Source: Arthur C. Nelson, Robert Hibberd, Research in Transportation Economics, In Press – Corrected Proof, Available online June 10, 2019
From the abstract:
This is the first study reporting the association between economic development and express bus transit (XBT) service. Using shift-share analysis applied to the South Miami-Dade express busway transit system, this study assesses differences in shift-share outcomes over three time periods: before the Great Recession (2004–2007), during the Great Recession and early recovery years (2008–2011), and after the Great Recession (2012–2014). Over the entire study period (2004–2014), total jobs grew within one-half mile of XBT stations. Using shift-share analysis, we find that (a) XBT station areas gained share of jobs relative to the central county (Miami-Dade) before the Great Recession, (b) continued to gain share albeit at a slower pace during the Great Recession, but (c) lost share during the post Great Recession period. Over the entire study period, land-extensive jobs (such as in manufacturing and non-manufacturing industry) lost share as did lower-wage retail-lodging-food service jobs. Jobs in knowledge, office, education and arts-entertainment-recreation economic groups gained share overall. Since the Great Recession, we surmise that XBT stations have shifted firm dynamics mostly by displacing land extensive or lower wage jobs away from station areas. Planning and policy implications are offered.
Source: Ted Hampton, Chandra Ghosal, Emily Raimes, Nicholas Samuels, Timothy Blake, Moody’s, Sector Profile, State government – US Medians, June 3, 2019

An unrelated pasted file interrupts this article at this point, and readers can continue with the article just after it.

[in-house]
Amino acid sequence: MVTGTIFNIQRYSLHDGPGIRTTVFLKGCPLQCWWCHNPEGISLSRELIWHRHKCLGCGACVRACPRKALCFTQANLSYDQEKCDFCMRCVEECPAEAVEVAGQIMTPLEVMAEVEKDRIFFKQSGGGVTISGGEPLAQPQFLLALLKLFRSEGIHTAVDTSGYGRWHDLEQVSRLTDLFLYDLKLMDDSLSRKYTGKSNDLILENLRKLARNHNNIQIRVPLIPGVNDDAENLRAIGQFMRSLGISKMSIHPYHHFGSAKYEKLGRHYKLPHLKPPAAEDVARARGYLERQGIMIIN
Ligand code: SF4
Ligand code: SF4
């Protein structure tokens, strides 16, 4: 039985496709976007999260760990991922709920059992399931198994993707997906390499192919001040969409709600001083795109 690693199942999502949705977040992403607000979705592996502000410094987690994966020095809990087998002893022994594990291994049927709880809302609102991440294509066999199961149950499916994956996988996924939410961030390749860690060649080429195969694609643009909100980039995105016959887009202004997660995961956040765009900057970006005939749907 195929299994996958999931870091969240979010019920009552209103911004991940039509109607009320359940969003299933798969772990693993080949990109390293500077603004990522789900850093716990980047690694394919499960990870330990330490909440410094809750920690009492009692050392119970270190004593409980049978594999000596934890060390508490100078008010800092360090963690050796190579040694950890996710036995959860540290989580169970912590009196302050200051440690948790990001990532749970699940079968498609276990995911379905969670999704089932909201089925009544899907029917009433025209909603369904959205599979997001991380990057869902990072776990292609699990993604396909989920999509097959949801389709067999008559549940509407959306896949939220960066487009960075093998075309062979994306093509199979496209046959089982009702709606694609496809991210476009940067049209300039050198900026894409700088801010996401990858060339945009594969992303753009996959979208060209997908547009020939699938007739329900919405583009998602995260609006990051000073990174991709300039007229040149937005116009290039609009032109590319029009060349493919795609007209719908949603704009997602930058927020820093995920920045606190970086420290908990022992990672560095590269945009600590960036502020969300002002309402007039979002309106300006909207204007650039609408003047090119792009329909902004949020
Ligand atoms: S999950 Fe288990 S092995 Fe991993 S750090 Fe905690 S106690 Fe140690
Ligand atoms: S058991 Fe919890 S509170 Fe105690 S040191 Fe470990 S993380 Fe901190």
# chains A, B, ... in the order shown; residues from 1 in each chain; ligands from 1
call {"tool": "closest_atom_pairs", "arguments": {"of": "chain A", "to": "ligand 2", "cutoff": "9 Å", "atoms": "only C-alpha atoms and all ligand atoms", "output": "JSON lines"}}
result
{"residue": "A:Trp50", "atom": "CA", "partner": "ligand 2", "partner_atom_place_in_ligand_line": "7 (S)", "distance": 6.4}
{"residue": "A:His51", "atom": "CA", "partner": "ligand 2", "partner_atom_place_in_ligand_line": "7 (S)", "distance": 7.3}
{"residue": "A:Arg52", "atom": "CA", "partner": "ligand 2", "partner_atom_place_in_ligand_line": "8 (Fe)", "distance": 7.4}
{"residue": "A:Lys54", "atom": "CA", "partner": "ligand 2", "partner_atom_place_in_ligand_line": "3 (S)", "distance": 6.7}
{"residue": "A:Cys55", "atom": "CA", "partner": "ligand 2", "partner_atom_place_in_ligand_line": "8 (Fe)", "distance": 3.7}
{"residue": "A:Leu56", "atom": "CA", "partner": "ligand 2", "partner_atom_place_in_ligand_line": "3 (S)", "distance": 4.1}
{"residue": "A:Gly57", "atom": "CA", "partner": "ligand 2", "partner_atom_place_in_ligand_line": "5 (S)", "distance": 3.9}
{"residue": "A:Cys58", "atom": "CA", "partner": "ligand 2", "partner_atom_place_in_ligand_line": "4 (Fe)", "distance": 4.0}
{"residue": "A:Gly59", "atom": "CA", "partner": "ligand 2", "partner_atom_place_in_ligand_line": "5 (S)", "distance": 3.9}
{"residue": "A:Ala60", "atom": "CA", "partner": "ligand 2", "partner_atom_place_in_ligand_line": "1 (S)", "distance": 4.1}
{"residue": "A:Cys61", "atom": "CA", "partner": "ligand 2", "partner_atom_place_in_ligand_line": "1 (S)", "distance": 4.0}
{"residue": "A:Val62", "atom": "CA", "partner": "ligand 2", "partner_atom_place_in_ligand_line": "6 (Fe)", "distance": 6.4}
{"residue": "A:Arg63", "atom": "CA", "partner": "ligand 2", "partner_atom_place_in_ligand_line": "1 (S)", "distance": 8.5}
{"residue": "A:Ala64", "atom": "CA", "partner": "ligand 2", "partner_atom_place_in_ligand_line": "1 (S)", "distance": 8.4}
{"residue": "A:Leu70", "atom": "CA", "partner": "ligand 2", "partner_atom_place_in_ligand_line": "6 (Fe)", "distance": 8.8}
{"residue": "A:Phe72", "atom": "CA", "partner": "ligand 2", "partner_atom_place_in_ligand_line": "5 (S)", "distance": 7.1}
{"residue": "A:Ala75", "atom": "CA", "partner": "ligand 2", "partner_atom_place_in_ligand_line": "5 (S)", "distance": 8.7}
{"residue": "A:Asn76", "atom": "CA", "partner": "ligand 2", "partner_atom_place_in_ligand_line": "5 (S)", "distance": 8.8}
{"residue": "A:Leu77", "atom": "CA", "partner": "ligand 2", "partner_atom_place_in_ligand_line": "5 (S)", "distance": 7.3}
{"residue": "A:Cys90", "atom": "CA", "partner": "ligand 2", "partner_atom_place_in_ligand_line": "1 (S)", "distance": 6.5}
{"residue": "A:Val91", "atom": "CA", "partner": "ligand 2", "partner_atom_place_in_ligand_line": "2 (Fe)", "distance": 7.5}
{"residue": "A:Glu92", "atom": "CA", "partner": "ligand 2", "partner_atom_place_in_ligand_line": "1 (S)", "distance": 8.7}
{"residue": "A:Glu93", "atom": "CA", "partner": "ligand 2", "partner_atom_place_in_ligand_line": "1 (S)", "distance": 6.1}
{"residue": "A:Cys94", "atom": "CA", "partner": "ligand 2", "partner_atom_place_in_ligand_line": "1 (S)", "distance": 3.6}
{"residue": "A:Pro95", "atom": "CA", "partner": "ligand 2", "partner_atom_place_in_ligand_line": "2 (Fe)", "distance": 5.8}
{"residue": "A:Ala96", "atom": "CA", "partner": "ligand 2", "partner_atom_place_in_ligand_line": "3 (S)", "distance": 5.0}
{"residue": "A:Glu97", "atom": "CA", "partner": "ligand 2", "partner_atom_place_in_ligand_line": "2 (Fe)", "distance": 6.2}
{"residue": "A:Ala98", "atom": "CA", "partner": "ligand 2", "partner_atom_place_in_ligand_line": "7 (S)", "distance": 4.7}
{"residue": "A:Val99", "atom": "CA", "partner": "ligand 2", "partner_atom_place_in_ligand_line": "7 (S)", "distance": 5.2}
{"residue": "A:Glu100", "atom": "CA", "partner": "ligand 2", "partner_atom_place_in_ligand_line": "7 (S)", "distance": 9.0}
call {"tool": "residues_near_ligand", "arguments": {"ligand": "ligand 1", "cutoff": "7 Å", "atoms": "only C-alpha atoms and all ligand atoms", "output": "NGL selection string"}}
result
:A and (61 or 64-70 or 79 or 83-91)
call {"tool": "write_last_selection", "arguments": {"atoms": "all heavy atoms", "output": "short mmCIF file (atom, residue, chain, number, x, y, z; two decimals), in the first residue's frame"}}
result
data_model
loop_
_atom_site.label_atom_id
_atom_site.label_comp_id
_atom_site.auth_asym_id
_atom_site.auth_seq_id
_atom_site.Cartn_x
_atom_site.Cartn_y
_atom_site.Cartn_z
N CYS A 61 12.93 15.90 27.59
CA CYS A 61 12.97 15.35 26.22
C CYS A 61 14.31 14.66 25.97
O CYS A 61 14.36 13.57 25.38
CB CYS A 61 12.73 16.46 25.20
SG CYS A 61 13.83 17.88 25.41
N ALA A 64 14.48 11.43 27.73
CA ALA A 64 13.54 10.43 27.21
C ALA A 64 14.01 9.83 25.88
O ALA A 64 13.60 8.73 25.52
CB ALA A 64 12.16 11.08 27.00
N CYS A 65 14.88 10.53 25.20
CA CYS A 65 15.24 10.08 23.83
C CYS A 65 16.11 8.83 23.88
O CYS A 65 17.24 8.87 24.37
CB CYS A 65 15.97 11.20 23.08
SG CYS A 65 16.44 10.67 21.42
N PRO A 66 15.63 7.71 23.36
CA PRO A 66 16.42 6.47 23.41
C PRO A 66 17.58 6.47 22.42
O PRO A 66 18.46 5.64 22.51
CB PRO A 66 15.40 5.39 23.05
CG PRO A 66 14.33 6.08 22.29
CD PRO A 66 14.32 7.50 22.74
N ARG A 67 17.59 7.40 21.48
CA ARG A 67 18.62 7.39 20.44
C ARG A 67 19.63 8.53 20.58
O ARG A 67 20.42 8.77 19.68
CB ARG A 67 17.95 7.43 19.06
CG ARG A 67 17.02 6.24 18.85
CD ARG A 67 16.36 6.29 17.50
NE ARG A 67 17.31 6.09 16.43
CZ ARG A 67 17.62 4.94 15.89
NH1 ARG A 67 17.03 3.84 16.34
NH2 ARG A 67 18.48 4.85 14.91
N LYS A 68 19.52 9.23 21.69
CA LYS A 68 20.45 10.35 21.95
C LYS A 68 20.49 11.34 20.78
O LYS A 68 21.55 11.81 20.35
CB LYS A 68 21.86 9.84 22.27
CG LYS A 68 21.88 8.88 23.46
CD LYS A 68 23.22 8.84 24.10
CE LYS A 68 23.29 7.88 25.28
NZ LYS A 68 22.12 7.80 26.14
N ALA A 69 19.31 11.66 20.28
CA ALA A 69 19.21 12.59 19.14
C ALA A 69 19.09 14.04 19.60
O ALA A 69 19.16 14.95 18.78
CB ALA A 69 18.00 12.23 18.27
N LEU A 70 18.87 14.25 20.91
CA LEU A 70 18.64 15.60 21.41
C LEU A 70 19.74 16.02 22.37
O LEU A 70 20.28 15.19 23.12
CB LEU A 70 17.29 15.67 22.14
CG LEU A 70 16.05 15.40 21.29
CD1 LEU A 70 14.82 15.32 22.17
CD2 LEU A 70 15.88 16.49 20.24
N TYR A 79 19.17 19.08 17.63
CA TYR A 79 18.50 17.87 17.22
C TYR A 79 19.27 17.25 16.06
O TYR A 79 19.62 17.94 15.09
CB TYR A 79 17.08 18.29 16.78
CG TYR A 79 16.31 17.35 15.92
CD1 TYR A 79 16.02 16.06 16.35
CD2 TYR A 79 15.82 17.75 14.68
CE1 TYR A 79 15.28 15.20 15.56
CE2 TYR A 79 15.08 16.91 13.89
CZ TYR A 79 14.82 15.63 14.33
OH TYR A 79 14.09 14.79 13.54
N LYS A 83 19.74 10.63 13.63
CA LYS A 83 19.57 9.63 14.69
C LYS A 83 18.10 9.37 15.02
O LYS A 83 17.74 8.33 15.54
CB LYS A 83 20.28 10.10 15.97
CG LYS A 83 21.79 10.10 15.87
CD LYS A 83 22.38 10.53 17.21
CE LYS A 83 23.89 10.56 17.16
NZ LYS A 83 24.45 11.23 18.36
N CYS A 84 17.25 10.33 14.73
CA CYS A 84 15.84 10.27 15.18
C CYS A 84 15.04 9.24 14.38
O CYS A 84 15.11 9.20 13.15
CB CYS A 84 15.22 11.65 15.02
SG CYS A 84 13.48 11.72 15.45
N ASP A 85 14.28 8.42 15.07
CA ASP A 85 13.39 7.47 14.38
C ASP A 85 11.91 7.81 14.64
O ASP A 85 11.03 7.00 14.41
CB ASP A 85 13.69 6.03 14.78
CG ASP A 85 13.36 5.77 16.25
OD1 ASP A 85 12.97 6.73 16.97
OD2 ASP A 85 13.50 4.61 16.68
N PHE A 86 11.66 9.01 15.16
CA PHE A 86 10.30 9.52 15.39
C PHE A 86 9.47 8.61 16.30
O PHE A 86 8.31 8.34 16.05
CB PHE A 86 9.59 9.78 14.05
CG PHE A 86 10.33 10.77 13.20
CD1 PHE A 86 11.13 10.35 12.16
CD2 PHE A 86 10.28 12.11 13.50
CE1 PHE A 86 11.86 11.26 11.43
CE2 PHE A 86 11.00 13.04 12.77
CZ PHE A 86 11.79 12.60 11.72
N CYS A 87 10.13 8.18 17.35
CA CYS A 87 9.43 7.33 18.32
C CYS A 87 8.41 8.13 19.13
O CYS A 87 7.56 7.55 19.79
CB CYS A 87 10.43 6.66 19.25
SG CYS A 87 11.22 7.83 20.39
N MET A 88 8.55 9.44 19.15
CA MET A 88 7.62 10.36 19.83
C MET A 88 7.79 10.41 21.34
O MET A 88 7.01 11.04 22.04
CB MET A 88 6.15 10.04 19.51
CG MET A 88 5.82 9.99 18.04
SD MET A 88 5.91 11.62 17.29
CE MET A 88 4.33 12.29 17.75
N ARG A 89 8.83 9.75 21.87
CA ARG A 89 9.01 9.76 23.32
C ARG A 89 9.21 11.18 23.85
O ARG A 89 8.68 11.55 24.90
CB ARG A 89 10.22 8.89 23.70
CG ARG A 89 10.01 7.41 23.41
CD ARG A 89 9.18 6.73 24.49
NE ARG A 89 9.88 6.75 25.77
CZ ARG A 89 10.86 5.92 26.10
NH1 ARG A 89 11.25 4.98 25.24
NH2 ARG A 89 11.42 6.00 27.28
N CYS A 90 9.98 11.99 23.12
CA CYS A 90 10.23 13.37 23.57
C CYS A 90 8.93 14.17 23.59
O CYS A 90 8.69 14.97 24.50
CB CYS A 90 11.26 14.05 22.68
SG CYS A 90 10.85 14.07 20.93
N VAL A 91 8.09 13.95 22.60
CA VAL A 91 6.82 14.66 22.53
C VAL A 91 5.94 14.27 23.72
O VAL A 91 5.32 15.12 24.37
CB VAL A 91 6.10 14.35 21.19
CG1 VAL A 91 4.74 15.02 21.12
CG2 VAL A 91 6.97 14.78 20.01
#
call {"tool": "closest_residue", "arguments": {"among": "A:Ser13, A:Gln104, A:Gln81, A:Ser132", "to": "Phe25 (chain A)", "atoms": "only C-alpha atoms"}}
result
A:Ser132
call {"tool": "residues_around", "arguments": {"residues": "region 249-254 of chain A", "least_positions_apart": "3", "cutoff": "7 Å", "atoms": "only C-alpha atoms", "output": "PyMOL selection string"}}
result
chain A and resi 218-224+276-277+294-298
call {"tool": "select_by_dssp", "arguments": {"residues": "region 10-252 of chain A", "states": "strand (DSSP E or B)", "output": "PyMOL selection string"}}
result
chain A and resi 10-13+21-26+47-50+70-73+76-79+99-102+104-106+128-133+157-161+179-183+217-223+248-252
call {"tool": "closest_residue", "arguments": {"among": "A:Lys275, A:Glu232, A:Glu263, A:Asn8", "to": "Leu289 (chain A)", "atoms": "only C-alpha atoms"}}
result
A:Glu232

Total net tax-supported debt (NTSD) for the 50 states was virtually unchanged in 2018, as governments maintained a cautious approach to bond issuance and increased their reliance on operating revenue for transportation infrastructure. The $523 billion in NTSD marked the eighth straight year with minimal change, putting average annual growth at 0.6% since 2011.
Source: Jennifer M. Cavallari, Katrina A. Burch, Jeffrey Hanrahan, Jennifer L. Garza, Alicia G. Dugan, American Journal of Industrial Medicine, Early View, First published: May 19, 2019
From the abstract:
It is important to understand workplace factors including safety climate that influence hearing protection device (HPD) use. We sought to investigate the association between HPD use, safety climate, and hearing climate, a new measure specific to hearing.
A survey was developed and distributed among transportation “maintainers” who perform road maintenance and repair. A new hearing climate measure was designed by adapting a safety climate measure. HPD use was assessed by asking workers how often they wear HPD while in noise. The differences in safety climate and hearing climate were compared by the frequency of HPD use using analysis of variance.
Among 166 maintainers, 54% reported always or almost always wearing HPD while noise exposed. High‐frequency HPD users reported a statistically significant higher safety climate (P = 0.004) and hearing climate (P = 0.003).
Hearing climate predicts the frequency of HPD use and may be a useful measure when assessing and improving hearing conservation programs.
Source: Thomas Aaron, Timothy Blake, Moody’s, Sector In-Depth, April 11, 2019